Sunday, March 30, 2008

Long Day for Short Grass County As Mayo Look to Galway

Mayo 2-14
Kildare 2-8

The more we learn, the less we know. Mayo ate Kildare without salt this afternoon in Newbridge. Kildare went 1-3 to no score up after eight minutes, and it was all Mayo for the following sixty-two. Kildare have seen better days, and the good GAA people of the short grass county, who filled St Conleth’s Park, deserved better than they got. On the basis of today’s game, Kildare will almost certainly be relegated with Laois, and Kieran McGeeney’s management learning curve remains resolutely uphill.

It seems odd to carp about a Mayo team that won by six having been down by six, but it was a strange day, watching the flour bags being cut open. An Spailpín was pleased to note names like Brian Benson and Aiden Campbell listed in the programme on the subs’ bench, and felt sure that they would get a run in the second half, Mayo having taken command by 2-9 to 1-6 after thirty-five minutes. But it was not to be; the game simply petered out to its conclusion, like it was – horrors! – soccer, or something. At first I thought it might have been because nobody deserves to have their noses rubbed in it that more scoring options weren’t considered, but John O’Mahony’s expressed disquiet on the radio afterwards, concerning scoring differences as a league-survival metric, put paid to that theory. It was up to Johnno to let slip Benson et al; the fact that he didn’t is puzzling, to say the least.

The great thing about the league so far, of course, is that Mayo are so very much a work in progress. This safeguards the hopelessly romantic Mayo support from our perpetual temptation to see things as being better than they are. David Clarke is a leader of men in the goals; Kieran Conroy is tightening his grip on the fullback shirt and, in front of him, the half-backs look like Mayo’s best line. The Triple-H of Heaney, Howley and Higgins are as good as any in the country, bar possibly Kerry. Kerry’s half-backs aren’t bad either.

Ronan McGarrity and Tom Parsons are two very stylish footballers, but An Spailpín likes a drop of red diesel in his midfield partnerships; when Pat Harte returned to the lists after Trevor Mortimer picked up an injury twenty minutes into the game, he reminded the travelling support of what the county team had been missing while he was on Stephenite duty.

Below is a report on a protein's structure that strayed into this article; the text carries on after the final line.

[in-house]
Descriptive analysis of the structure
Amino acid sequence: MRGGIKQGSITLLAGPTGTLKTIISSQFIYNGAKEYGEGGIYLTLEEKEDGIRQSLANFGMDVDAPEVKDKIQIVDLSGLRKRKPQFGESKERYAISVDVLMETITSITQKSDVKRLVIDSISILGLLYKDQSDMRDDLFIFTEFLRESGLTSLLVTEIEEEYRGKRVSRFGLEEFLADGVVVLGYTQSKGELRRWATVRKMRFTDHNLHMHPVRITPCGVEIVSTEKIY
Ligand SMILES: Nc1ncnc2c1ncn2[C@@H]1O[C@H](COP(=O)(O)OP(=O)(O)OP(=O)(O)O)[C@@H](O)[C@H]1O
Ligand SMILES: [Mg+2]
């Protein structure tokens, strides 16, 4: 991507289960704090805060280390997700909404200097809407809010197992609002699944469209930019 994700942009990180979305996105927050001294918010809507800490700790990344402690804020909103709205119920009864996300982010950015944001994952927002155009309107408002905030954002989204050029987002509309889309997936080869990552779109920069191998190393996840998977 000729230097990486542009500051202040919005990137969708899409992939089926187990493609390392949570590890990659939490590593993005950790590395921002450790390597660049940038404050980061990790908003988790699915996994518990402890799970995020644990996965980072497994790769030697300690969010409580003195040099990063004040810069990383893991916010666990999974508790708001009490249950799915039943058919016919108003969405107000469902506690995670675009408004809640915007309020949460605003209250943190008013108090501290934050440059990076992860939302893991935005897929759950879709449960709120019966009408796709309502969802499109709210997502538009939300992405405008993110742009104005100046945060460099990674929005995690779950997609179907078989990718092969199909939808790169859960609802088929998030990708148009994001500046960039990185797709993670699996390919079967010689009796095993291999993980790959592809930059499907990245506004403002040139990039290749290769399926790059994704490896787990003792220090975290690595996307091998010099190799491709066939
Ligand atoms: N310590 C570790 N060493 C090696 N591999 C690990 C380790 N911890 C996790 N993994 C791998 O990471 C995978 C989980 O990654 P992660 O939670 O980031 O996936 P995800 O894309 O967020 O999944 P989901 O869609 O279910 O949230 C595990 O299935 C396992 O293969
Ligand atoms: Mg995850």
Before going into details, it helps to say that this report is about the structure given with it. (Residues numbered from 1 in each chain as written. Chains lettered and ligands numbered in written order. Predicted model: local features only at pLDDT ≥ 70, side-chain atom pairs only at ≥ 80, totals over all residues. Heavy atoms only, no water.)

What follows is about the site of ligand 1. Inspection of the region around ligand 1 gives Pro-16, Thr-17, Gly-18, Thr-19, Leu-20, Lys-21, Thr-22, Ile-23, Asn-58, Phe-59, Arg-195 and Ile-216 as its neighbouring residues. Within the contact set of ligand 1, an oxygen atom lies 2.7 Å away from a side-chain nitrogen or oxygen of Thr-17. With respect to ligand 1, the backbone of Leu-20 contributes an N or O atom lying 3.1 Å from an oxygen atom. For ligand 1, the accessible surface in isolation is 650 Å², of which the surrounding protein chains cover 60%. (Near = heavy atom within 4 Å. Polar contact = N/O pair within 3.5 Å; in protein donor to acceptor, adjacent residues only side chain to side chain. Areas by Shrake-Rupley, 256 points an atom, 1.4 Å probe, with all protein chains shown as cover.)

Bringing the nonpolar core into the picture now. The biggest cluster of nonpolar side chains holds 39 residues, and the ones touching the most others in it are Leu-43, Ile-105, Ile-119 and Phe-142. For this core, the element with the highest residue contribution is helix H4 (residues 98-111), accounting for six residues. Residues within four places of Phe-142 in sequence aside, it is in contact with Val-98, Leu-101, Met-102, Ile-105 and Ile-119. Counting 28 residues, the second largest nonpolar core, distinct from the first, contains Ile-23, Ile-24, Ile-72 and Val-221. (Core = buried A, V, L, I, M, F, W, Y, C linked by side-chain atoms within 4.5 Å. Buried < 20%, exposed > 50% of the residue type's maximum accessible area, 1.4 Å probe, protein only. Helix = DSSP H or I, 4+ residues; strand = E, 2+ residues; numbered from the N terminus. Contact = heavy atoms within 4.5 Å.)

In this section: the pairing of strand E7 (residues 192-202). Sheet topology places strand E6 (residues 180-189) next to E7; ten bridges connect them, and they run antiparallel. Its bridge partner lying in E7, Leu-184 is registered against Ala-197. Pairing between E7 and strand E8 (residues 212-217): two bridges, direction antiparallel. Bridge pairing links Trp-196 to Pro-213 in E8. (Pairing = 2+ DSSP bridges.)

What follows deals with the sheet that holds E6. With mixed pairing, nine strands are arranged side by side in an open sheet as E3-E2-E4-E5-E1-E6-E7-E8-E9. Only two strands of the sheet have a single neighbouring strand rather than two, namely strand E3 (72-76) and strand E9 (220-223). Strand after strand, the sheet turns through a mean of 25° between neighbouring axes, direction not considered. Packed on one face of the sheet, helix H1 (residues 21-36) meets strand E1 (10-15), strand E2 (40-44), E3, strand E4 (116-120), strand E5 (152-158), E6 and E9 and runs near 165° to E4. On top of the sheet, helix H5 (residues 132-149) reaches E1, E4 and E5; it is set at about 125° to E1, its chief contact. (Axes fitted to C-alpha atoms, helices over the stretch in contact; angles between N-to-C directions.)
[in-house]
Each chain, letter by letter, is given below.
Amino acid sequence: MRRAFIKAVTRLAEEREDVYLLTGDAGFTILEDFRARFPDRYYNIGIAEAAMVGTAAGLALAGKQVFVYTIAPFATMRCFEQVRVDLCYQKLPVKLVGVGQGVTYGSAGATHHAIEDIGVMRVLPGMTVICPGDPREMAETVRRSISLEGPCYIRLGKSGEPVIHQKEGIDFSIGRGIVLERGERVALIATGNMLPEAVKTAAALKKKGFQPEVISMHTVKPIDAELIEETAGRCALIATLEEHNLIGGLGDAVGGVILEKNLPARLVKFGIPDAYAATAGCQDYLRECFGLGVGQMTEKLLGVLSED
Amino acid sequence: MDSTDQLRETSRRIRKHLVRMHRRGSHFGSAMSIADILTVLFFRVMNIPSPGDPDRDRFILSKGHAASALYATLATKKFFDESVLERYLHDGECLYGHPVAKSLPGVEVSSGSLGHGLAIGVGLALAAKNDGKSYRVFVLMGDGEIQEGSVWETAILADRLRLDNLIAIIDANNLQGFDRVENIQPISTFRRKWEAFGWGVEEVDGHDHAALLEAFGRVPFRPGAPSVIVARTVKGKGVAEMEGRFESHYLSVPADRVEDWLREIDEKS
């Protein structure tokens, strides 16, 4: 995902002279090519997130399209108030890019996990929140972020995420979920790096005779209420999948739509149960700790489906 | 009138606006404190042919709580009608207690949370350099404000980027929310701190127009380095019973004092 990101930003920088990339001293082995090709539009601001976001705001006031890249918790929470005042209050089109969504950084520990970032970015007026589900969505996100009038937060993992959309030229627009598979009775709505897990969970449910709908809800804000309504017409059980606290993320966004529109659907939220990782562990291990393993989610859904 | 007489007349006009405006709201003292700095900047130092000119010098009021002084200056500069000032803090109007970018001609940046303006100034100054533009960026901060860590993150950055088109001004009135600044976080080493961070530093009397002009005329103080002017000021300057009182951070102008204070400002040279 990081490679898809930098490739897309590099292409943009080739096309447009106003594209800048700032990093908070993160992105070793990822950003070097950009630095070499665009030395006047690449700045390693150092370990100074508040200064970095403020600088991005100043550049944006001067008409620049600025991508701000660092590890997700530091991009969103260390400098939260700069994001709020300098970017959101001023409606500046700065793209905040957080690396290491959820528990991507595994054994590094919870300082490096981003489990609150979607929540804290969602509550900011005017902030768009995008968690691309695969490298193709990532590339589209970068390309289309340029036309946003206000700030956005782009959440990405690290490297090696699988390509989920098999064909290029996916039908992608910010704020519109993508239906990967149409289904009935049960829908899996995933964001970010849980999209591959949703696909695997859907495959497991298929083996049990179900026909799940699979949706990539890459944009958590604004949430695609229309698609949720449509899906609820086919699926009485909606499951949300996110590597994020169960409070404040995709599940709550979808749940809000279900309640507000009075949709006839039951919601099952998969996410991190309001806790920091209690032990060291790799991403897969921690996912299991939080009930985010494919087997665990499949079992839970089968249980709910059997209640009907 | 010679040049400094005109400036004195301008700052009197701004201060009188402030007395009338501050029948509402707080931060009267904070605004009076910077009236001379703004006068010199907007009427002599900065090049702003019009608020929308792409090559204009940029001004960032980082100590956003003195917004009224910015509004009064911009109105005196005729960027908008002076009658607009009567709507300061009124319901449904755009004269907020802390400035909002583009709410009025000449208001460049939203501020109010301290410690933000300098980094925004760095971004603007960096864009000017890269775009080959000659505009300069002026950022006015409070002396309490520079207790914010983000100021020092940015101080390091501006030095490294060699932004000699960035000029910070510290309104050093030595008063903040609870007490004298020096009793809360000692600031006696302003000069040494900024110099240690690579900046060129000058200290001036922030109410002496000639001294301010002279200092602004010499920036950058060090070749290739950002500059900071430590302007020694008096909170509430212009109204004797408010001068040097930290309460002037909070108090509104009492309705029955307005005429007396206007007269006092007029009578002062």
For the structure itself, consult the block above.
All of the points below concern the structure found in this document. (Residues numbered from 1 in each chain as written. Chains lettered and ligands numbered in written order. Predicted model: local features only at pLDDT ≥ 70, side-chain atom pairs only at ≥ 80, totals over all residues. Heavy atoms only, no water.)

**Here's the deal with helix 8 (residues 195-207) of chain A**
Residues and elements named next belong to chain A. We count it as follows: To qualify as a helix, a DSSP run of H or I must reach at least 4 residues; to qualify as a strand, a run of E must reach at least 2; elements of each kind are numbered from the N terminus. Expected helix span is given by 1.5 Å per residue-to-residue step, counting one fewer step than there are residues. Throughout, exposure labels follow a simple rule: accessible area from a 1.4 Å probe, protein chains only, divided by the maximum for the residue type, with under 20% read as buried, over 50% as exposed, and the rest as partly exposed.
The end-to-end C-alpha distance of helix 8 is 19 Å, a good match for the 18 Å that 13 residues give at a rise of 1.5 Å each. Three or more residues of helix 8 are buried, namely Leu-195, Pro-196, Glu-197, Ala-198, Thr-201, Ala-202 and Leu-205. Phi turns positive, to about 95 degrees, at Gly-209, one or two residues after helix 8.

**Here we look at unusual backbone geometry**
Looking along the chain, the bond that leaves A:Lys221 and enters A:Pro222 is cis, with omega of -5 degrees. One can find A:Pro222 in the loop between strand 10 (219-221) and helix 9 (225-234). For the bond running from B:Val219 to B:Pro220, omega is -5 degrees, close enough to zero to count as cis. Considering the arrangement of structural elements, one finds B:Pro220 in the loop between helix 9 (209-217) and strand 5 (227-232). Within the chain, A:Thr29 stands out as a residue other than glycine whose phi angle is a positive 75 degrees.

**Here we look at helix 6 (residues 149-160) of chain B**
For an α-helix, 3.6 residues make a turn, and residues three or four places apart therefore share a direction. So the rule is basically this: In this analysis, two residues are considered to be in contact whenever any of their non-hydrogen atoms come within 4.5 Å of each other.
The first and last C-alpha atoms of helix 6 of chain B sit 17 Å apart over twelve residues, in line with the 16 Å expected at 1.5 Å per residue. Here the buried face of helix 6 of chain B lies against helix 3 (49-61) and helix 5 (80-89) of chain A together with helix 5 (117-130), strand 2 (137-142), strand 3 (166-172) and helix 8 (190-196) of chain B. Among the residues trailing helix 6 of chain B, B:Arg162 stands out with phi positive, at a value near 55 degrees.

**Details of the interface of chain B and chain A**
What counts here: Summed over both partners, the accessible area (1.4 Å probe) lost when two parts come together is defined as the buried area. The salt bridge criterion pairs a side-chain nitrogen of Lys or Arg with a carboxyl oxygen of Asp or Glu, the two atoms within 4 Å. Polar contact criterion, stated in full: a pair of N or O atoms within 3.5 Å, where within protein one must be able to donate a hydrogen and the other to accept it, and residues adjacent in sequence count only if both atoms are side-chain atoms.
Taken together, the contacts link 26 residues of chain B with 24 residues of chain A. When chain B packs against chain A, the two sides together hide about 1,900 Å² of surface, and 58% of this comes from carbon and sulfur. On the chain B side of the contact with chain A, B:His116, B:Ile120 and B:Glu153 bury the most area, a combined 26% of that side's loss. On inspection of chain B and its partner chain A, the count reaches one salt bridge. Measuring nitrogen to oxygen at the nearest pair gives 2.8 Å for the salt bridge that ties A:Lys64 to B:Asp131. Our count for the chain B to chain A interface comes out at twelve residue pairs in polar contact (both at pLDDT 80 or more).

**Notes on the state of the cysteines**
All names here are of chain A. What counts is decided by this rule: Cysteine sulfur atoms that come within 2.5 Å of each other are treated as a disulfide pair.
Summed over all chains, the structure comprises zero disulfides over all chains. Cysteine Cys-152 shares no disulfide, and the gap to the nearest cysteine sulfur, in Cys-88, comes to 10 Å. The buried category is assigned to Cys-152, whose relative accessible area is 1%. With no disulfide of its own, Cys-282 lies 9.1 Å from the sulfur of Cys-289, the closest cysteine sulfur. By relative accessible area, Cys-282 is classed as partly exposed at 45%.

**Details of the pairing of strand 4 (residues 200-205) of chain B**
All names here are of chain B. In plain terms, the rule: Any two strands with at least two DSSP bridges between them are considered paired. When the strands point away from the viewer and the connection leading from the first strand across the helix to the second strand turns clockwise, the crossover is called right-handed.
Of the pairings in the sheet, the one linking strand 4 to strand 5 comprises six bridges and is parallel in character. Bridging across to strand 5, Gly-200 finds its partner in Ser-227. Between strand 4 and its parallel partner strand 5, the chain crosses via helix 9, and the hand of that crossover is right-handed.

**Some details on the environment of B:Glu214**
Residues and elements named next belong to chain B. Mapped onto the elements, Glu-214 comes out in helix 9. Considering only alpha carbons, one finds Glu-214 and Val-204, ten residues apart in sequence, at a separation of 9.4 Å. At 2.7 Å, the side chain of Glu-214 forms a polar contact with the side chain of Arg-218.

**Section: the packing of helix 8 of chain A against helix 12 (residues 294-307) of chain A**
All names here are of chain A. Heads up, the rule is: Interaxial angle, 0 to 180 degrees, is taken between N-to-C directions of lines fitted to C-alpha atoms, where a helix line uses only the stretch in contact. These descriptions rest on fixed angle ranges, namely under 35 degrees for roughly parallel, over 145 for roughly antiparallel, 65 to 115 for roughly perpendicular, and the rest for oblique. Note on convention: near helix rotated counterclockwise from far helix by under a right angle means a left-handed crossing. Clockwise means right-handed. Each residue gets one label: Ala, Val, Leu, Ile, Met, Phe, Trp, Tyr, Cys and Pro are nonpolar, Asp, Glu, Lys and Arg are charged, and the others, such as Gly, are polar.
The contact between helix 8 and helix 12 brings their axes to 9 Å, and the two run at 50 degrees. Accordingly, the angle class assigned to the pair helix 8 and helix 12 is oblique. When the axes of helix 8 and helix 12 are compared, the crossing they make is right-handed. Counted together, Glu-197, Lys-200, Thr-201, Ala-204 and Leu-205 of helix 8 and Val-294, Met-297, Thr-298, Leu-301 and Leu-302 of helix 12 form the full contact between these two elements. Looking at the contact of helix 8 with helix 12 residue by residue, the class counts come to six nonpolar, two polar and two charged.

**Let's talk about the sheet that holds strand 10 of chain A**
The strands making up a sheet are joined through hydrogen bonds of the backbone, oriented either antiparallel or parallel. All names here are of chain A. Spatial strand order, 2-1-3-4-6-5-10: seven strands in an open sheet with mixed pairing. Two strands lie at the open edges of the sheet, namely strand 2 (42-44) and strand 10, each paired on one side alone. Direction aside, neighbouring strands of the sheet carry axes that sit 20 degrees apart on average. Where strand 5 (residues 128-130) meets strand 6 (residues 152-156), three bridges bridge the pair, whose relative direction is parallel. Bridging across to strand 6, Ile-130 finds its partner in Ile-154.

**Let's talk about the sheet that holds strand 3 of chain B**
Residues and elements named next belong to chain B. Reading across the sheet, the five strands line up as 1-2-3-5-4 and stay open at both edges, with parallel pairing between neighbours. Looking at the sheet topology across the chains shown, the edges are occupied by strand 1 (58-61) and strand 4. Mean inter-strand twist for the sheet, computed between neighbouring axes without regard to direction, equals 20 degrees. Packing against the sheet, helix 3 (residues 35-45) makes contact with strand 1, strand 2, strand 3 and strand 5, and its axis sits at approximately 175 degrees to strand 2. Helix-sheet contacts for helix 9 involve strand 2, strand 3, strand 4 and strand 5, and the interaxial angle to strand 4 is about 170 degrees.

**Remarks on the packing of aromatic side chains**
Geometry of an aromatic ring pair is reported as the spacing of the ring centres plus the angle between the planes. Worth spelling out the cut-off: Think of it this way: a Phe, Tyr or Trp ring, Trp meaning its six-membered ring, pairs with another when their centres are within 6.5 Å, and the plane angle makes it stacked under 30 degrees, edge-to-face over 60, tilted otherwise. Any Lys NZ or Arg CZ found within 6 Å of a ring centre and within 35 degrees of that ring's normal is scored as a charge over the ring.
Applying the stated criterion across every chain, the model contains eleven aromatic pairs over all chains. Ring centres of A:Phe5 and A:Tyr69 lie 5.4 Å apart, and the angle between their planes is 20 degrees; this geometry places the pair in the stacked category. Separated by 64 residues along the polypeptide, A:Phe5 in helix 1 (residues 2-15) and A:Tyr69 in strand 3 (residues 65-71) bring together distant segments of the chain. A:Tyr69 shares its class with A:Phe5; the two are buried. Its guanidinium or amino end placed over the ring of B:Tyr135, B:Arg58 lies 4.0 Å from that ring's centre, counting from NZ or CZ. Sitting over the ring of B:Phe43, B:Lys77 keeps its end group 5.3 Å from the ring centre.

As noted here before however, upfront remains a problem. It sounds odd to write it about a team that just scored 2-14, but you have to question just how many of the Mayo forwards are what could be termed natural predators, a la Stephen McDonnell, a la Paddy Bradley, a la lots of boys. This afternoon would have been a good time to see if anyone fancied shooting the lights out, as Seanie Johnson did so gloriously last night for Cavan against Cork. But it didn’t happen.

But the road goes ever on; two league points are in the bag, and relegation is staved off further. With that in mind, how wonderful it is to savour the prospect of Galway at Castlebar next Sunday. An Spailpín is expecting it to be played for keeps.

The Galway revival of the past ten years came at Mayo’s expense, but it’s very hard to begrudge it to them at the same time. They will have great players wearing the maroon and white on Sunday and it’s always a bittersweet joy to see them operating at their full potential. Michael Meehan, for instance, has never been outstanding against Mayo and if he catches fire on Sunday it will nevertheless be a treat to see it, even if the fact that it’s Mayo getting the hiding adds a certain pathos.

One of the many wonderful features of GAA life is respect for other teams, and it’s an important matter of GAA etiquette that, on meeting other counties, one is able to praise the stars of the other side. On the pitch, readers will remember Dermot Earley being chaired around the Hyde by Willie Joe Padden and Eugene Lavin on the last day of Earley’s twenty-year career, or the impossible heroism of Offaly four years later when, with hearts shattered beyond despair, they pulled themselves together to give Antrim a guard of honour in 1989.

So much of what we do in following teams is a privilege. For your correspondent, it was a privilege to see Kildare’s John Doyle today, just as it was a privilege to see Cavan’s immortal Dermot McCabe last summer at Castlebar. Recent events sometimes cloud our perspectives on these matters. I hugely look forward to Galway’s visit on Sunday.

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